Tape one of the following labels on eight children: please the eye, gladden the heart, for food, for raiment, for taste, for smell, to strengthen the body, to enliven the soul. Have these children sit facing the rest of the Primary. Have another child choose and hold a picture from the first day of Creation. Let the children decide which label fits that creation. Have the child wearing that label hold the picture. Ask how we show appreciation and good judgment in using that creation. Repeat for each day of the Creation. Stand the children with labels in the correct order, and read again Doctrine and Covenants 59:18–19. Bear testimony that God’s creations bless us.
“How Firm a Foundation” (Hymns, no. 85, vv. 1 and 3). Introduce the song by singing the phrase “The wise man built his house upon the rock” (“The Wise Man and the Foolish Man,” p. 281). Hold up a rock and ask: Why was the man wise to build his house upon a rock (a firm foundation)? Have the children listen for who should be our rock (our foundation) as you read Helaman 5:12.
Have a child hold the rock and a picture of Jesus Christ while you sing the first line of “How Firm a Foundation.” Have the children repeat the line. On the board, write “faith in his ______ ___.” Have the children listen for the words to put in the blanks while you sing the second line of the first verse. Have them sing the line. Ask: Where do we find His word (scriptures)? Invite a child to come up and hold scriptures. Have the children sing the first two lines. Sing line three. Add to the child’s scriptures until he or she is holding all the standard works, a conference issue of the Ensign, and pictures of modern prophets to show how abundantly the Lord has given us His word. Have the children sing line three. Ask them to listen while you sing lines four and five for the word that is repeated three times (“Savior”). Define refuge (place of safety), and have the children sing lines four and five. For each line in the third verse, show a picture of Jesus Christ that represents the message. Ask the children to listen again in lines four and five for the word that is repeated three times. Define omnipotent (all-powerful). Bear testimony that Christ is a sure foundation and that if we are built upon His gospel, we shall not fall.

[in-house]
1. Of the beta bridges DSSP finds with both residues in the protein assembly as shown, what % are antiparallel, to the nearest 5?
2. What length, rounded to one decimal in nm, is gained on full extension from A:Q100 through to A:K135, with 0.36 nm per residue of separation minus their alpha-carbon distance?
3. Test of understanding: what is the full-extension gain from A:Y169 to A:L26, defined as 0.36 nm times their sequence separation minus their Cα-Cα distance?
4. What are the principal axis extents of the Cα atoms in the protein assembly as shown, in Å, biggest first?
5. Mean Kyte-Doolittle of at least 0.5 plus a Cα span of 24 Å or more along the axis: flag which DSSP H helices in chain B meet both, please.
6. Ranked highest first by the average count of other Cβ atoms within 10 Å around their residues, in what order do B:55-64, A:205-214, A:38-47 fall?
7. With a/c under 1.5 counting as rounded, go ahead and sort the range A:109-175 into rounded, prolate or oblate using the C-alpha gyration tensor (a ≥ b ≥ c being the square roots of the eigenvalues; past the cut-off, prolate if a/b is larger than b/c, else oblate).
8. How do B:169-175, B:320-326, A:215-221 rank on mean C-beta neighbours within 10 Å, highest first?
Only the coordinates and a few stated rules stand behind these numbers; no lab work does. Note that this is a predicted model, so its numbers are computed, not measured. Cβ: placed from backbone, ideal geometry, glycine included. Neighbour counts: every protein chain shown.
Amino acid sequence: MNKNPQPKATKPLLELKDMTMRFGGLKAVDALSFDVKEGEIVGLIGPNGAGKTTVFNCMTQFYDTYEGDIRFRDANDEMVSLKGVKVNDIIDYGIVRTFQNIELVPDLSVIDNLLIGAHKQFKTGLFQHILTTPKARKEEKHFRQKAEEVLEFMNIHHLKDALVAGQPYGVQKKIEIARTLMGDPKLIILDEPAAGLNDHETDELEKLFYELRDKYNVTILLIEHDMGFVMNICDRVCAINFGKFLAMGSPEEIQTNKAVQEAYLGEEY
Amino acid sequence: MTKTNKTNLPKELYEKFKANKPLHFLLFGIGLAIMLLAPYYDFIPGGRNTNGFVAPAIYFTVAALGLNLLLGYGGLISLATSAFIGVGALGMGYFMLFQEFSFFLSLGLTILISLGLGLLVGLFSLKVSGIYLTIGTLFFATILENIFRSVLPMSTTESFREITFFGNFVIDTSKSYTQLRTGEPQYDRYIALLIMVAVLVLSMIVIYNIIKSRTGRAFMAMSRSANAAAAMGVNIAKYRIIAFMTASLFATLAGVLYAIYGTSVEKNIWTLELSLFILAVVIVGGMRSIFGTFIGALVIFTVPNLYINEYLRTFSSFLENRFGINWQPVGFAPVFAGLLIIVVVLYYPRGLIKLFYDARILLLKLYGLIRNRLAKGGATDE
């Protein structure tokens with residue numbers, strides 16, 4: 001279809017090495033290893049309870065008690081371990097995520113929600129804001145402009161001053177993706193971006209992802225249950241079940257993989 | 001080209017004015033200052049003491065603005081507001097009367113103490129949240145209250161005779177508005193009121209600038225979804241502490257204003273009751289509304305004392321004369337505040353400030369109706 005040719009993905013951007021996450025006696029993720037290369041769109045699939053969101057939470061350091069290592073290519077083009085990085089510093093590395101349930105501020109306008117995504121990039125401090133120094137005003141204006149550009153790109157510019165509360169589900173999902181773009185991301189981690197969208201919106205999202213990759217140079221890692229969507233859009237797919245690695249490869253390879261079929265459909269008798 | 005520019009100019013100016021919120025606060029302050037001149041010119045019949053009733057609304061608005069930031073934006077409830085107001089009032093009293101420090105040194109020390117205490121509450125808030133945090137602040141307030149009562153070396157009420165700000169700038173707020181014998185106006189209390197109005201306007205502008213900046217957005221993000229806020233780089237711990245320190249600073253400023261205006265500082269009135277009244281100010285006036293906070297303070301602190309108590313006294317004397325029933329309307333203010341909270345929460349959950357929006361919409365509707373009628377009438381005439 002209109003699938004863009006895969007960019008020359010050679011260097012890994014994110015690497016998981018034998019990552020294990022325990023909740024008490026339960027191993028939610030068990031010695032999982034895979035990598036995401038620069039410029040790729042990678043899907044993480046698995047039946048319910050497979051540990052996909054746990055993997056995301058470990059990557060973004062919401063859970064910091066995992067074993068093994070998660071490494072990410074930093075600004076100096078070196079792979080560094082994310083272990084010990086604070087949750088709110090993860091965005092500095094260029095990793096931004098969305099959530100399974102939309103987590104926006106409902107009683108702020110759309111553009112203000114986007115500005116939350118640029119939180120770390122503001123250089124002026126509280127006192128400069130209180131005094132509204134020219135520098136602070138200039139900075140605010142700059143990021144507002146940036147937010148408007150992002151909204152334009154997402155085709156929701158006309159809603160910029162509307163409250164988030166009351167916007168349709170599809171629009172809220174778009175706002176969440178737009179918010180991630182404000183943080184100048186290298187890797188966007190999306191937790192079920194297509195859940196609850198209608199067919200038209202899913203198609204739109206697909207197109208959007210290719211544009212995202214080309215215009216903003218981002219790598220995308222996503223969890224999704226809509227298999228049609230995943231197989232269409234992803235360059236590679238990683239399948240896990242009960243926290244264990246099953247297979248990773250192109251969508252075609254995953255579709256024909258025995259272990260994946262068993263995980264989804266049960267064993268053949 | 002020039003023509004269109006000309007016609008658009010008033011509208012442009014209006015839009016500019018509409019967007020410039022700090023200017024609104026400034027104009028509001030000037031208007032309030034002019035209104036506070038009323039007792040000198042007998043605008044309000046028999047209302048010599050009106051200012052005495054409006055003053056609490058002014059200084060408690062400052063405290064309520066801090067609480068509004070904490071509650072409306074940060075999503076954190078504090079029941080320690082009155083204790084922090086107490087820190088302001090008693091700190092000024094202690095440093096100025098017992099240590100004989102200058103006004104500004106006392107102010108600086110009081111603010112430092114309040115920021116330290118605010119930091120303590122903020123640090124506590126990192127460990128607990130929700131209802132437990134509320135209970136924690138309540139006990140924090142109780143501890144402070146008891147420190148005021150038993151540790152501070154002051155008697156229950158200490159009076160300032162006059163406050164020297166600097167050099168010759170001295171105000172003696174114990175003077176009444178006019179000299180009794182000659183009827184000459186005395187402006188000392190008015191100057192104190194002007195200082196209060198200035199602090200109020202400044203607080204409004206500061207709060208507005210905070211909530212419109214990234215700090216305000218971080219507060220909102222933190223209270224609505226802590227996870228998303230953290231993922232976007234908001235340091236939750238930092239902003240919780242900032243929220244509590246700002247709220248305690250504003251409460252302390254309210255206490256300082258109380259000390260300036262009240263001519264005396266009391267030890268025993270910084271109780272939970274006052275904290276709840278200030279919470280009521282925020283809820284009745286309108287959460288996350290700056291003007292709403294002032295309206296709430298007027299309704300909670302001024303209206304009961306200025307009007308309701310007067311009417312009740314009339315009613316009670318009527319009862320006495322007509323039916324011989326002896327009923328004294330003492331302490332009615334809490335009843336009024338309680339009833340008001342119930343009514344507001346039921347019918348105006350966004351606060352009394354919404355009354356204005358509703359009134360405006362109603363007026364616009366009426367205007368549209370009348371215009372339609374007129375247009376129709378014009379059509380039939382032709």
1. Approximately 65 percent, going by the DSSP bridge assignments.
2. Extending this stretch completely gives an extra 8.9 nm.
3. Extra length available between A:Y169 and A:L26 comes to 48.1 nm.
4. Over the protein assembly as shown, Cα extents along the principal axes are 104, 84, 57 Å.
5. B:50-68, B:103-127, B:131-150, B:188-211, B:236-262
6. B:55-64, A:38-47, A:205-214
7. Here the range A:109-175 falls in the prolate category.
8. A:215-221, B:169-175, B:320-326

“Heavenly Father’s Plan,” June 2003, 7; “Garden of Eden,” Sept. 2006, 32–33; “The Creation,” Feb. 2007, 32–33; “Reverence for Heavenly Father’s Creations,” Nov. 1992, 46; “The Restoration of the Priesthood,” May 2003, 39.
Gordon B. Hinckley, “Keep the Chain Unbroken,” in Brigham Young University 1999–2000 Speeches (2000), 108–9.